Katie Helms performs at Church events around the area in memory of a son who passed away
By Dan McWilliams
Bagpiper Katie Helms can be seen playing at many Knoxville-area Church events, and she says her goal is simply to “make a joyful noise.”
“That’s what the Scripture says to do, and that’s my goal,” she said. “In I think it’s Colossians 3:16 and 17, it says, ‘make songs and hymns,’ and then it says, ‘whatever you do, do it all for the glory of God.’ That’s my disclaimer—I’m trying to do it for Him and His service.”
The parishioner of the Cathedral of the Most Sacred Heart of Jesus got started playing the bagpipes about 10 years ago when her son, Gabriel Miller, passed away.
“I just needed something new in my life, and something said, ‘Play the bagpipes,’” Mrs. Helms said. “They were giving lessons at the Knoxville Pipe and Drum starting in a few weeks, and I started taking lessons.”
She shares with people the reason behind her bagpipe playing, which has become a lay ministry.
“When I go to parks and practice, people ask me why I started playing. I say, ‘Well, my son passed away, and I believe in the afterlife.’ I wanted to play a new instrument because I was heartbroken. I just needed something new in my life, and I wanted something loud enough for my son to hear me. If you’re going for volume, bagpipes are your best option.
“But my other son said, ‘But Mom, you don’t understand. He’s up there saying, “Be quiet!”’” she added with a laugh. “I share that with people, and it gives me an opportunity to witness a little bit.”
She said playing bagpipes is not really difficult to learn.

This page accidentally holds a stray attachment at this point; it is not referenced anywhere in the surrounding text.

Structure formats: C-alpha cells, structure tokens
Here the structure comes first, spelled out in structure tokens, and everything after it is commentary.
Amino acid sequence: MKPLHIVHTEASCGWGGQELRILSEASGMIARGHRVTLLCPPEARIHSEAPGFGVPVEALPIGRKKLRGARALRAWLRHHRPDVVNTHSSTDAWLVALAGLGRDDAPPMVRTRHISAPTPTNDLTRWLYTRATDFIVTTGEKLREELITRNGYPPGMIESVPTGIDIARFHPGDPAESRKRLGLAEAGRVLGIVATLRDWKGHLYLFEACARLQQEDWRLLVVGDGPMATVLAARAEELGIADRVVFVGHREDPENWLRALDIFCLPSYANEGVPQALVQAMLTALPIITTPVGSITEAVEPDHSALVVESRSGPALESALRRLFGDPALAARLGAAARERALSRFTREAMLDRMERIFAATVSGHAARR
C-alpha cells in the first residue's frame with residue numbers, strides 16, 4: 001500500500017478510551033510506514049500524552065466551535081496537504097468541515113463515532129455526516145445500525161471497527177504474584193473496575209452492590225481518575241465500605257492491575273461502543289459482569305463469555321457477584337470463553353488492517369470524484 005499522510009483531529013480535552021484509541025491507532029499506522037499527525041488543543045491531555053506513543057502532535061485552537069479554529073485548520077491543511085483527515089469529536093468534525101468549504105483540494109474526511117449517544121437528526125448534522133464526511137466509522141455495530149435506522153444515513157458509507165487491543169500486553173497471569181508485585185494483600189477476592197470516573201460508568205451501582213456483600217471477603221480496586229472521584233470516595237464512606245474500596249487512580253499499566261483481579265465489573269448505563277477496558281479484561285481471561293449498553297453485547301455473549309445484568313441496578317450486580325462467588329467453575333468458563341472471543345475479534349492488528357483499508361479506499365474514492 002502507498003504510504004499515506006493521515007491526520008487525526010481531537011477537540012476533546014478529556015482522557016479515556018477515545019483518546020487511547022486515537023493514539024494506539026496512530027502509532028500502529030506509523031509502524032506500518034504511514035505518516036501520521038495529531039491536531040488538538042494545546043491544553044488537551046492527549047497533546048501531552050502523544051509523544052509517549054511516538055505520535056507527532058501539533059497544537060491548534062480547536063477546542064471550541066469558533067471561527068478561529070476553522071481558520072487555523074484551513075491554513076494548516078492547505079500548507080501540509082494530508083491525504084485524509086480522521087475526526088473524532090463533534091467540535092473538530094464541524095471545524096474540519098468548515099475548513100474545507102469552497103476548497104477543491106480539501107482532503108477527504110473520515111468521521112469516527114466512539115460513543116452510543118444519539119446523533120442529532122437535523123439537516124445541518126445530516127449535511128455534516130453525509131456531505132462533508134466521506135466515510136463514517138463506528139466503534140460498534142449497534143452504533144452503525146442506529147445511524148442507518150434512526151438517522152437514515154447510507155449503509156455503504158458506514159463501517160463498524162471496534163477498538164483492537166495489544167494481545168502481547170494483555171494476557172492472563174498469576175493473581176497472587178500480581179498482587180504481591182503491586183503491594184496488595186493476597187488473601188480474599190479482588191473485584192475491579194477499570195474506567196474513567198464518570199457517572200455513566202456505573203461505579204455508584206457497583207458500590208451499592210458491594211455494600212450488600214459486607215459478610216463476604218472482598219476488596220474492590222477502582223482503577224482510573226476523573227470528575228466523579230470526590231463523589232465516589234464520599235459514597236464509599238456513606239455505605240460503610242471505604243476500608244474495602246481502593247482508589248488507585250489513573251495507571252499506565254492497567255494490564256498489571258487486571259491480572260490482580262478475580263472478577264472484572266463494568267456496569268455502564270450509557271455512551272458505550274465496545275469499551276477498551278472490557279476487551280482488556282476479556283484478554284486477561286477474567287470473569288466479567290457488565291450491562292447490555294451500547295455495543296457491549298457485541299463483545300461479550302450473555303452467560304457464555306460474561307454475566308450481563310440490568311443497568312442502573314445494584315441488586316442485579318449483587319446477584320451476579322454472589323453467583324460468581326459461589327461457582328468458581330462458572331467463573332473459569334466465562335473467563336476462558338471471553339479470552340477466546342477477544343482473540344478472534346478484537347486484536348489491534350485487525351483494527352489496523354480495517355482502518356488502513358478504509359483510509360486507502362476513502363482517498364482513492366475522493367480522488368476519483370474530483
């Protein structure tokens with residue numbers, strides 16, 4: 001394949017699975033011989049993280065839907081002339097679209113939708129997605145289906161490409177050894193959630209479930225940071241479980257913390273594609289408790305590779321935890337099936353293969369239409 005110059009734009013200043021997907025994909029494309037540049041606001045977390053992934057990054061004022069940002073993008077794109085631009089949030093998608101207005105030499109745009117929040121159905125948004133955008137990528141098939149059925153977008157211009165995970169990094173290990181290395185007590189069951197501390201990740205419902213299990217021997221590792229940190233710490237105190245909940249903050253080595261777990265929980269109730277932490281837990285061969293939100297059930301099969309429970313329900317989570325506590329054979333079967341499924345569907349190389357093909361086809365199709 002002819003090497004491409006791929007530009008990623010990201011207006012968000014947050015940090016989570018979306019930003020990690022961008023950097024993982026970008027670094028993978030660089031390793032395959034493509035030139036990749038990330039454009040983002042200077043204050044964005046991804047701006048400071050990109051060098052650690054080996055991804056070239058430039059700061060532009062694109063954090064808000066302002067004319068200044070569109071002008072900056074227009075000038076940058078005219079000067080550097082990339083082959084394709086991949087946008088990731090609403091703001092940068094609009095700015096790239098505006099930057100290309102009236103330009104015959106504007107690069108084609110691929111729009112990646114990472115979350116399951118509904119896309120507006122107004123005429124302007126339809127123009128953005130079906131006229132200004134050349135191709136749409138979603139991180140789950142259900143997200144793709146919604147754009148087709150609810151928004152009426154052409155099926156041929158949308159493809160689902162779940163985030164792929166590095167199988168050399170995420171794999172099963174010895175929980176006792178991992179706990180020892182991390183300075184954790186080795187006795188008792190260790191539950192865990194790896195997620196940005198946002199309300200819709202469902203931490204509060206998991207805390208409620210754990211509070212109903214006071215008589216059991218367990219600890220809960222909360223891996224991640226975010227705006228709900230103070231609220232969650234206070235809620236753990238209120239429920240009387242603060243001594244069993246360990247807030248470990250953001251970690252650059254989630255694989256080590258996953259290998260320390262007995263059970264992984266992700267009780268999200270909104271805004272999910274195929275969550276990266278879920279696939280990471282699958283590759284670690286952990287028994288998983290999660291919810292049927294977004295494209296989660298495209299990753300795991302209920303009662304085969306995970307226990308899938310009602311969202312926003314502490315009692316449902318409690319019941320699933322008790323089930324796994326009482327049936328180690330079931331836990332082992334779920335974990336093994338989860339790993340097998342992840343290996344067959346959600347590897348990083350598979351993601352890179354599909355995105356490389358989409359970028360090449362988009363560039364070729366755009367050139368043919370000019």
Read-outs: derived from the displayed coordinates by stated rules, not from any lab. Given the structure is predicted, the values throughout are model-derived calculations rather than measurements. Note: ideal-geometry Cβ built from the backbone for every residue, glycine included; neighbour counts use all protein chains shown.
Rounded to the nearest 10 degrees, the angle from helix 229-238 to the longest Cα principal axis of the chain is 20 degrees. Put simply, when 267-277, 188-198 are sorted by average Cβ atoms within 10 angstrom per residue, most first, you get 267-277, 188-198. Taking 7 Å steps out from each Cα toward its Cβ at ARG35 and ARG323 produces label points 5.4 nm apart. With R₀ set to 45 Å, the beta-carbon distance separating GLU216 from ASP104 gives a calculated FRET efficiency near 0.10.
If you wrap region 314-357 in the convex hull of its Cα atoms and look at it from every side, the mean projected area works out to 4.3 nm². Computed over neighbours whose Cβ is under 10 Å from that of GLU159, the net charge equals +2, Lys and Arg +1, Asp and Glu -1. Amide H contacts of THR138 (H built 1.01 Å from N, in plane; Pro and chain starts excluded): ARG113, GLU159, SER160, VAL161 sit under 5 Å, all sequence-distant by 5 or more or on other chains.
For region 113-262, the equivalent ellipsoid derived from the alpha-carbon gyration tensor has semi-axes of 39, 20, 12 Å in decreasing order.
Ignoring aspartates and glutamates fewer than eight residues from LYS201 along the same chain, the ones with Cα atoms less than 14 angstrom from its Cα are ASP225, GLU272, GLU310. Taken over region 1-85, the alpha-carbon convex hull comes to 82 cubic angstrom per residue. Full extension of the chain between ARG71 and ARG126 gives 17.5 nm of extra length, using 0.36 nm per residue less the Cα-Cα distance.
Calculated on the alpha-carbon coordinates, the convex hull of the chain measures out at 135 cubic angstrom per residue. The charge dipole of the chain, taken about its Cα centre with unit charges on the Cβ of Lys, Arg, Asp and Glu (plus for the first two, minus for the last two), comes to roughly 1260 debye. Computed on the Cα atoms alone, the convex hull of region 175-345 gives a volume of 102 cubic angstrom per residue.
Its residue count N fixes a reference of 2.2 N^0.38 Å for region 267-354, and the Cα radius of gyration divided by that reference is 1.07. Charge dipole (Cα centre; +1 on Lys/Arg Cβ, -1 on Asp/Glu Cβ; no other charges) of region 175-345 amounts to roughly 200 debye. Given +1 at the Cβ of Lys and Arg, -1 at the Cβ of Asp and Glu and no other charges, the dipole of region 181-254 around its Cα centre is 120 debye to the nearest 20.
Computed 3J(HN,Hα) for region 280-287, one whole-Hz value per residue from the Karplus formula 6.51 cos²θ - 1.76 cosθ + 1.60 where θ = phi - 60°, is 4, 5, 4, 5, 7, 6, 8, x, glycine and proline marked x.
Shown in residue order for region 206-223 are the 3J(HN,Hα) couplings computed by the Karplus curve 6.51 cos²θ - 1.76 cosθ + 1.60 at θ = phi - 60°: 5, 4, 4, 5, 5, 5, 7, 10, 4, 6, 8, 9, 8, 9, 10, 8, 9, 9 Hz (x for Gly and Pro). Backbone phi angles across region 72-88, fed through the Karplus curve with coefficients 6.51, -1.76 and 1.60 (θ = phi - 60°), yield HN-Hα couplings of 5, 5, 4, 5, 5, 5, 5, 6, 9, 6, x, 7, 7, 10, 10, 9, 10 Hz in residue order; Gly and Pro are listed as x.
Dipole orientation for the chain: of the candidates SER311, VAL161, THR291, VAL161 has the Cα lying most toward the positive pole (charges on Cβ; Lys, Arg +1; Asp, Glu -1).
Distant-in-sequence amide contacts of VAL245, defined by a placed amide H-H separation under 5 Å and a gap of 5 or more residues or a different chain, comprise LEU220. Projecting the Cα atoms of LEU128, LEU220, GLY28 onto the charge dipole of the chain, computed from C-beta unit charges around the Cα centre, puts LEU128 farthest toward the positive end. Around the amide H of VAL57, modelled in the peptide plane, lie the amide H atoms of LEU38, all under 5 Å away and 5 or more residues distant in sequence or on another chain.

“Bagpipers say bagpipes are hard to learn, and I think”—she laughs—“they say that because they want everybody to think that they’re really good. There are only nine notes and no sharps or flats. It starts with the G below middle C and it goes to the first A above the staff, and that’s all there are. No sharps or flats, even though all the notes are a little sharp and a little flat.
“That’s why we don’t play well with others. We can’t typically play well with a band because we’re kind of in a different key. We don’t even really have a key.”
Mrs. Helms explained the parts of the bagpipe.
“You blow into the bag. You have the three drones. The bag is a reservoir for air pressure to keep the drones—there are three drones, the big pipes, they’re drones, they have the bass A and two tenor A’s. They just play background noise. They have a reed in each one of those, and then the chanter, which has the melody, where there are the nine notes, that has a double reed, so it’s like playing four clarinets at one time.
“The whole time you’re blowing into the bag and you’re squeezing, but you’re not squeezing all the way out until the end of the song. You’re just keeping pressure. That’s why when we play ‘Rocky Top’ we can say, ‘Whoo!’ and still be playing.”
She wears “a kilt and all the full uniform” when she plays.
“The reason we wear a uniform when we play is because it makes people think we know what we’re doing—I mean [correcting herself with a laugh] it’s tradition. We wear our kilt out of tradition. We have a kilt and a sporran, which is like a little purse that hangs in front. That’s where the ancient Highlanders kept their cellphones and car keys.
“We have our socks, and most pipers have a sgian dubh. It’s Gaelic for ‘dark knife,’ a knife in their pocket. We almost always have a knife in our sock. That’s a sign of respect. In the old days, if I was traveling through the Highlands, I might have my weapon because there might be wild animals or an enemy, and when I come into your home, out of respect I unconceal my weapon and put it in my sock. So pipers always wear that. Sgian dubhs are very expensive.”
The knife cannot be taken everywhere she plays.
“Sometimes I play in schools, and you’re not allowed to have knives, so I found an antler-handled dog bone at the pet store, so if you see me out there with my sgian dubh it’s really a dog bone. I don’t have to run from the police,” Mrs. Helms said.
Mrs. Helms, 59, was born in Youngstown, Ohio, and grew up in Orlando, Fla. She has been in Knoxville for more than 20 years. She and husband John have one living son, Ben Miller, and one grandson, Oliver, who attends Sacred Heart Cathedral School.